Last week, just under a million viewers tuned in to watch Channel 4’s most recent fly-on-the-wall documentary series, The Secret Life of Students. The show follows a group of twelve freshers at Leicester University, and catalogues the way they deal with the various challenges starting university can bring; leaving home, making new friends, adjusting to a higher level of academia and, of course, the tribulations of juggling a heightened social life infused with the dominant presence of alcohol and the prospect of promiscuous, possibly unprotected, sex.
But what sets this documentary apart from others before it is that the students have agreed to have their tweets, Facebook statuses, private Whatsapp messages and text messages included alongside the events that unfold, adding a unique dimension and interesting narrative technique to the programme. Although slightly distracting at times, the continuous messages flashing across the screen places the show firmly in its cultural context; we live in a world dominated by social media, and the convenience of being able to express your thoughts or get hold of your friends as quickly as possible has had a revolutionary effect on the way we communicate and react to things.
Combining all of these elements together makes for interesting viewing, and it is unsurprising that the show has generated a multitude of conflicting opinions ever since the first of the four part series aired. The review from the Newstatesman, in particular, stressed a distinct disapproval towards Channel 4 for doing no more than simply enhancing the student stereotype in order to draw in more viewers by focussing on the binge drinking as opposed to the more awkward aspects of making new friends. It compared its style to that of the BBC’s Sun, Sex and Suspicious Parents. A stance like this is understandable if the show is looked at in a two dimensional way; it’s easy to dismiss a lot of it as a compilation of irresponsible decisions, drunken shenanigans, and an obsession with the internet. But it is also hard to miss the very obvious fact that these eighteen year olds are simply growing up; some are higher achievers academically, some may be focussing on their relationships or sex lives, others may be dealing with their own insecurities enhanced by a new environment with new people. Either way, it is likely that by the end of the series they will have learnt a lot from their decisions and their mistakes, and it certainly makes for entertaining viewing along the way; the comparison to Channel 4 comedy Fresh Meat is a much wiser analogy.
It is a good thing that the show is a four part series because it could run the risk of becoming too repetitive after a while. It is unlikely that you’ll find yourself relating to every element of it, simply because your university experience is something that is personal to you. I find the programme to be realistic in the way it highlights specific issues that the majority of students have to deal with in their first year, and the inclusion of the messages and statuses is hugely accurate in depicting the way we communicate with each other. But in order to generate as emotive a response as possible from its audience, certain scandalous aspects are given more attention than others, which can have the effect of making students in general seem irresponsible and immature; in the first episode Aiden’s exploits and contraction of chlamydia received more air time than Lauren’s quest to fit in amongst her peers.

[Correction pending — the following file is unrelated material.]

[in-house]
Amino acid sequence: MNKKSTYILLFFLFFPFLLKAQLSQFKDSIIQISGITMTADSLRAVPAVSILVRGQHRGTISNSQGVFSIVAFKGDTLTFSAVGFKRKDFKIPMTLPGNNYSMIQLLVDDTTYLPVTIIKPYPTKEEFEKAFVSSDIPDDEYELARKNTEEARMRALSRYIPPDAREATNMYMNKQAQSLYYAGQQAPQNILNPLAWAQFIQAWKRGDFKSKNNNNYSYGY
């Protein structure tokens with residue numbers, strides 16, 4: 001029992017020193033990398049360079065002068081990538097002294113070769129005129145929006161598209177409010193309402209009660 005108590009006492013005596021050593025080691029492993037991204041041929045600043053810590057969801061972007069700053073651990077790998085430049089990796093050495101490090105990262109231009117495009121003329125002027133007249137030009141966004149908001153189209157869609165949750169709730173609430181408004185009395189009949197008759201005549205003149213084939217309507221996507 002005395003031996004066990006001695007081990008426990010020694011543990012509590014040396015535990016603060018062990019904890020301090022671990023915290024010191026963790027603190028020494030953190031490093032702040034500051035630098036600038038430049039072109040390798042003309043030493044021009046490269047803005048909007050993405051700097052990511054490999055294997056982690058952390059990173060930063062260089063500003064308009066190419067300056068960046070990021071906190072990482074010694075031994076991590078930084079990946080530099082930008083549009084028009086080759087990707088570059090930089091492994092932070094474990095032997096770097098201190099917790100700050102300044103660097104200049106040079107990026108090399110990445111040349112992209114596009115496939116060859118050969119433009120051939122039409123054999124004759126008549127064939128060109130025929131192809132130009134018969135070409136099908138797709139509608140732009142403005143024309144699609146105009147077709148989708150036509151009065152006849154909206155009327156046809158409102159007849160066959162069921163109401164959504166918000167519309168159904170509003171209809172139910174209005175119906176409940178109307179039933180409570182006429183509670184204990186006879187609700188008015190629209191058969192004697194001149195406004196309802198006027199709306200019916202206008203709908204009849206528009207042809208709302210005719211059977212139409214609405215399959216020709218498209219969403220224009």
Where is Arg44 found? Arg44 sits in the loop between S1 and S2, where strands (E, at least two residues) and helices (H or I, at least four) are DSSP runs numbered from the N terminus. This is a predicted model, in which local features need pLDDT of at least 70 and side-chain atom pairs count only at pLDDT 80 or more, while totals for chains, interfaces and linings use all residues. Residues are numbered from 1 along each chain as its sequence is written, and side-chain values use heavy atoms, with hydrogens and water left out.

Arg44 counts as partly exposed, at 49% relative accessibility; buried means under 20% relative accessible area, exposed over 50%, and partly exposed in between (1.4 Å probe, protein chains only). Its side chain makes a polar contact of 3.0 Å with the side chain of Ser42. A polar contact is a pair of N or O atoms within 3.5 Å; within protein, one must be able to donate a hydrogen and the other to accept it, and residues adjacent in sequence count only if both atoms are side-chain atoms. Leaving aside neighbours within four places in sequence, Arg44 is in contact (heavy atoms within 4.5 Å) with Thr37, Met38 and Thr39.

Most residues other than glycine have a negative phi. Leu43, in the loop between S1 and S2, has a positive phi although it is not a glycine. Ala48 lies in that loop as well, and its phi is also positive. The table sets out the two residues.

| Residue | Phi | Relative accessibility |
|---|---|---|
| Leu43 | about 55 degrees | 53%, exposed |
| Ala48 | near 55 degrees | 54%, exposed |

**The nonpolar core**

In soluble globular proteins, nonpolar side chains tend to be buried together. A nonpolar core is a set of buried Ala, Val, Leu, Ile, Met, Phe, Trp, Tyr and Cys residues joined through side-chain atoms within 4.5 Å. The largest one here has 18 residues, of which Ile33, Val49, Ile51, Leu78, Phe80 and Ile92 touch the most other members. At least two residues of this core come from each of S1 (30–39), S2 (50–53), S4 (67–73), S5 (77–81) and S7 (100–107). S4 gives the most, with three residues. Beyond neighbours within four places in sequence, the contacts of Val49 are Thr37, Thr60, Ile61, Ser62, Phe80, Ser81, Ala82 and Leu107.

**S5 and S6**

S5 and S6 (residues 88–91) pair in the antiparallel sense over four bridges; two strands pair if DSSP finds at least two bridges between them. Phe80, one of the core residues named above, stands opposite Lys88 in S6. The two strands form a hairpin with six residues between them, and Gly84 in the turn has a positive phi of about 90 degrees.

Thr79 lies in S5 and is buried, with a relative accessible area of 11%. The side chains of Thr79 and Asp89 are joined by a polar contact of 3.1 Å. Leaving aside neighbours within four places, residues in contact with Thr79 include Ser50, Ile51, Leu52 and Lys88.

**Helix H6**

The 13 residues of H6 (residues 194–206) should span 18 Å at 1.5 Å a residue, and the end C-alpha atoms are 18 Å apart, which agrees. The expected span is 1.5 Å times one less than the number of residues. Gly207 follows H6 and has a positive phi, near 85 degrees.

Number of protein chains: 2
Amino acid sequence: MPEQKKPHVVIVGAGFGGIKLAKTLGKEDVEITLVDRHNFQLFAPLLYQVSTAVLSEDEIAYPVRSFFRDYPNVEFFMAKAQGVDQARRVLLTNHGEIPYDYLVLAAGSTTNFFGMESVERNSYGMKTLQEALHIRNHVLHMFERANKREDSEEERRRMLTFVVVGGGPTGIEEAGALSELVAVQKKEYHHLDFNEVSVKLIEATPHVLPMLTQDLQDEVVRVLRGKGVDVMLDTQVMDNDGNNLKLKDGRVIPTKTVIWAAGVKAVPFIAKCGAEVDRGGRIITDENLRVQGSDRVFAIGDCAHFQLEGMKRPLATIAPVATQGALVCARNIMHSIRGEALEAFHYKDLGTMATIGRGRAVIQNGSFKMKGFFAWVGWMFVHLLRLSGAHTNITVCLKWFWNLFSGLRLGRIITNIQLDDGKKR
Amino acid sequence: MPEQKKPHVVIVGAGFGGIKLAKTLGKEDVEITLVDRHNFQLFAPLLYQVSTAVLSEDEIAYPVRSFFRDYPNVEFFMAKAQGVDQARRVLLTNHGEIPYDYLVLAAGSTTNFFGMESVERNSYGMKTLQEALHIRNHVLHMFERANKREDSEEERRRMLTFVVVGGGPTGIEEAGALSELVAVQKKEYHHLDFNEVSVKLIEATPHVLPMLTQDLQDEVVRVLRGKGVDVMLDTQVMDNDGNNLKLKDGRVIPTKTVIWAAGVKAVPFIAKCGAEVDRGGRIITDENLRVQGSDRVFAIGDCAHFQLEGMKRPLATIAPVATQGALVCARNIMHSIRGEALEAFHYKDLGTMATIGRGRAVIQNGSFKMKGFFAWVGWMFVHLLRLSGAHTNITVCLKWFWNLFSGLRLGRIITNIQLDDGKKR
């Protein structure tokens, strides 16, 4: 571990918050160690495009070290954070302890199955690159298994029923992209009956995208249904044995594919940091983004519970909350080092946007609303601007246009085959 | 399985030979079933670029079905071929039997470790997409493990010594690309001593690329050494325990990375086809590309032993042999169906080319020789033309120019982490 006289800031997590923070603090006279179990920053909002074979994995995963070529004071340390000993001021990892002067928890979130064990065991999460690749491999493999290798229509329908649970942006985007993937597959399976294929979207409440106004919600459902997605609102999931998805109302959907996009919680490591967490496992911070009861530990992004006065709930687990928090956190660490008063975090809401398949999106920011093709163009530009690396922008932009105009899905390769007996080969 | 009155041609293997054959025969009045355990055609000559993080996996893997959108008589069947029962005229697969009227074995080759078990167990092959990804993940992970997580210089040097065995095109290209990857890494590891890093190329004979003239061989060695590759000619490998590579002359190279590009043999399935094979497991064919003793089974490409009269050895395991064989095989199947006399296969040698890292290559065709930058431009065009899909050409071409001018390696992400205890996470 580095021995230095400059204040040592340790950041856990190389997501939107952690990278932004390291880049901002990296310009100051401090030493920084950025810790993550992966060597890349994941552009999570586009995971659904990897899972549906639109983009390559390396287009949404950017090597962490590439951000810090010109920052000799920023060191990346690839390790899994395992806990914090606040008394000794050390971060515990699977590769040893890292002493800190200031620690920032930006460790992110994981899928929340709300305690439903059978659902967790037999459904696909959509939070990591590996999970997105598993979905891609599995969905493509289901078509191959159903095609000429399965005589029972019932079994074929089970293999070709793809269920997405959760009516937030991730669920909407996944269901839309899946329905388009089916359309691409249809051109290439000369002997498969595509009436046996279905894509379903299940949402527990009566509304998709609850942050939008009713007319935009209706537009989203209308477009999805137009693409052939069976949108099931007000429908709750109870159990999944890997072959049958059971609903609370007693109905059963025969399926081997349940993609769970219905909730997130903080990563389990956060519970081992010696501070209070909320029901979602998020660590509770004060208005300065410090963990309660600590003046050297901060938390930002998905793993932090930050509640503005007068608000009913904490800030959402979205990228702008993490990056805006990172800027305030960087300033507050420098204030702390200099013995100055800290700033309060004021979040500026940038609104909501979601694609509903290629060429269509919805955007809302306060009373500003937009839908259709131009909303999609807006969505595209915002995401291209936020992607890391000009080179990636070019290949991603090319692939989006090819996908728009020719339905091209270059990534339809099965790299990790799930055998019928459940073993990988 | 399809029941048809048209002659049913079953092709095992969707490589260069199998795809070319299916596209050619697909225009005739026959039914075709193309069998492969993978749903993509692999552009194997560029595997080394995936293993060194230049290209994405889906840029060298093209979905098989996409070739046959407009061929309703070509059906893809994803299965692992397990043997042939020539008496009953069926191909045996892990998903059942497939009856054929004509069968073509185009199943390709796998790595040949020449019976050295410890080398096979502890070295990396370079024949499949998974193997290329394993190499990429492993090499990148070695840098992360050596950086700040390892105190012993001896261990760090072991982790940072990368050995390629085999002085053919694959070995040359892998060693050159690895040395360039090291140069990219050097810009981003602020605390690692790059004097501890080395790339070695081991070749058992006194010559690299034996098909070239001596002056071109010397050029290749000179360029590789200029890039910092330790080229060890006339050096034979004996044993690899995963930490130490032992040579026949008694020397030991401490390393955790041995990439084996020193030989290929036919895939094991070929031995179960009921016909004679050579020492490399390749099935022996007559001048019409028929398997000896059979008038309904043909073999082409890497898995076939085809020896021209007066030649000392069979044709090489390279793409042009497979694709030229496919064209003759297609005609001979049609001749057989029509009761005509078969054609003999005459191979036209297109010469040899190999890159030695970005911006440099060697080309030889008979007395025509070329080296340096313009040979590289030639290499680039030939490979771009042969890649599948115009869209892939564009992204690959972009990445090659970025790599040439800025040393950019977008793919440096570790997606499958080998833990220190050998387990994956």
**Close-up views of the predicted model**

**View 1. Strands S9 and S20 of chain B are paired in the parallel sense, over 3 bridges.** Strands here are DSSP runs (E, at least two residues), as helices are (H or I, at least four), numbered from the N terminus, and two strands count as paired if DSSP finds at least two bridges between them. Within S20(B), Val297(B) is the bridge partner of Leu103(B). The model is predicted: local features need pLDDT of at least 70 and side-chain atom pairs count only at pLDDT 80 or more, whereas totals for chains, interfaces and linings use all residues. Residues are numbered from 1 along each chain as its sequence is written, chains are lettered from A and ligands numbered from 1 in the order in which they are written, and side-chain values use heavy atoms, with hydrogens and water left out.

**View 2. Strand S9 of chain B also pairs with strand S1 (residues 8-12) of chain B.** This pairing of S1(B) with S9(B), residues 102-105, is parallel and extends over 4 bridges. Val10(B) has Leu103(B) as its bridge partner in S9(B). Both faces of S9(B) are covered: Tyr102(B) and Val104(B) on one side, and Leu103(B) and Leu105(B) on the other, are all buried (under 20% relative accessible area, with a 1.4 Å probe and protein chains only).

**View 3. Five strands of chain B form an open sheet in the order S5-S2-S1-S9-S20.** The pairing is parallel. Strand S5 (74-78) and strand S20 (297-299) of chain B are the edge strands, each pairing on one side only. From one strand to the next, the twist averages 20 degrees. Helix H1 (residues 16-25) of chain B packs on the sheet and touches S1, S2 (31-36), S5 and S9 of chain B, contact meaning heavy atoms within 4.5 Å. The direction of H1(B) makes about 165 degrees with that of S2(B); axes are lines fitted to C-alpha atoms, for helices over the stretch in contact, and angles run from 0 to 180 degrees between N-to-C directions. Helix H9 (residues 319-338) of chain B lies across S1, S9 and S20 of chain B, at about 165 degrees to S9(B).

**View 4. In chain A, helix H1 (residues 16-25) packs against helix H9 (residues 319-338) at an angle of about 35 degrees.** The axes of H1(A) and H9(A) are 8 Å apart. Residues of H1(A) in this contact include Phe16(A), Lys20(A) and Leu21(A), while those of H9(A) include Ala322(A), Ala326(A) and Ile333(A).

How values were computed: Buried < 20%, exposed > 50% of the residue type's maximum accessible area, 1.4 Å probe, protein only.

Even if you watch the show and find it completely removed from reality, it is likely you’ll find yourself engaging with a lot of the wider topics and issues highlighted, such as whether students are being adequately prepared for the academic demands of university. The transition from sixth form to university is full of complexities but the independent work load can be difficult to adjust to, and as some of the events of the second episode demonstrated, students often find it hard to prioritise their commitments and can feel a little out of their depth. This in turn can lead to the need to seek fulfillment or at least indulge in a distraction elsewhere. Instead of assuming that, in general, students are negligent towards the academic side of university, I think it is important to look at whether Sixth Forms or Colleges are informing them of exactly how much work a degree entails and how it differs from the style of learning they are used to because, as the show does manage to substantiate, all of the elements of university life are intricately linked.
The Secret Lives of Students is on Channel 4 on Thursdays at 10. Or you can catch up on 4od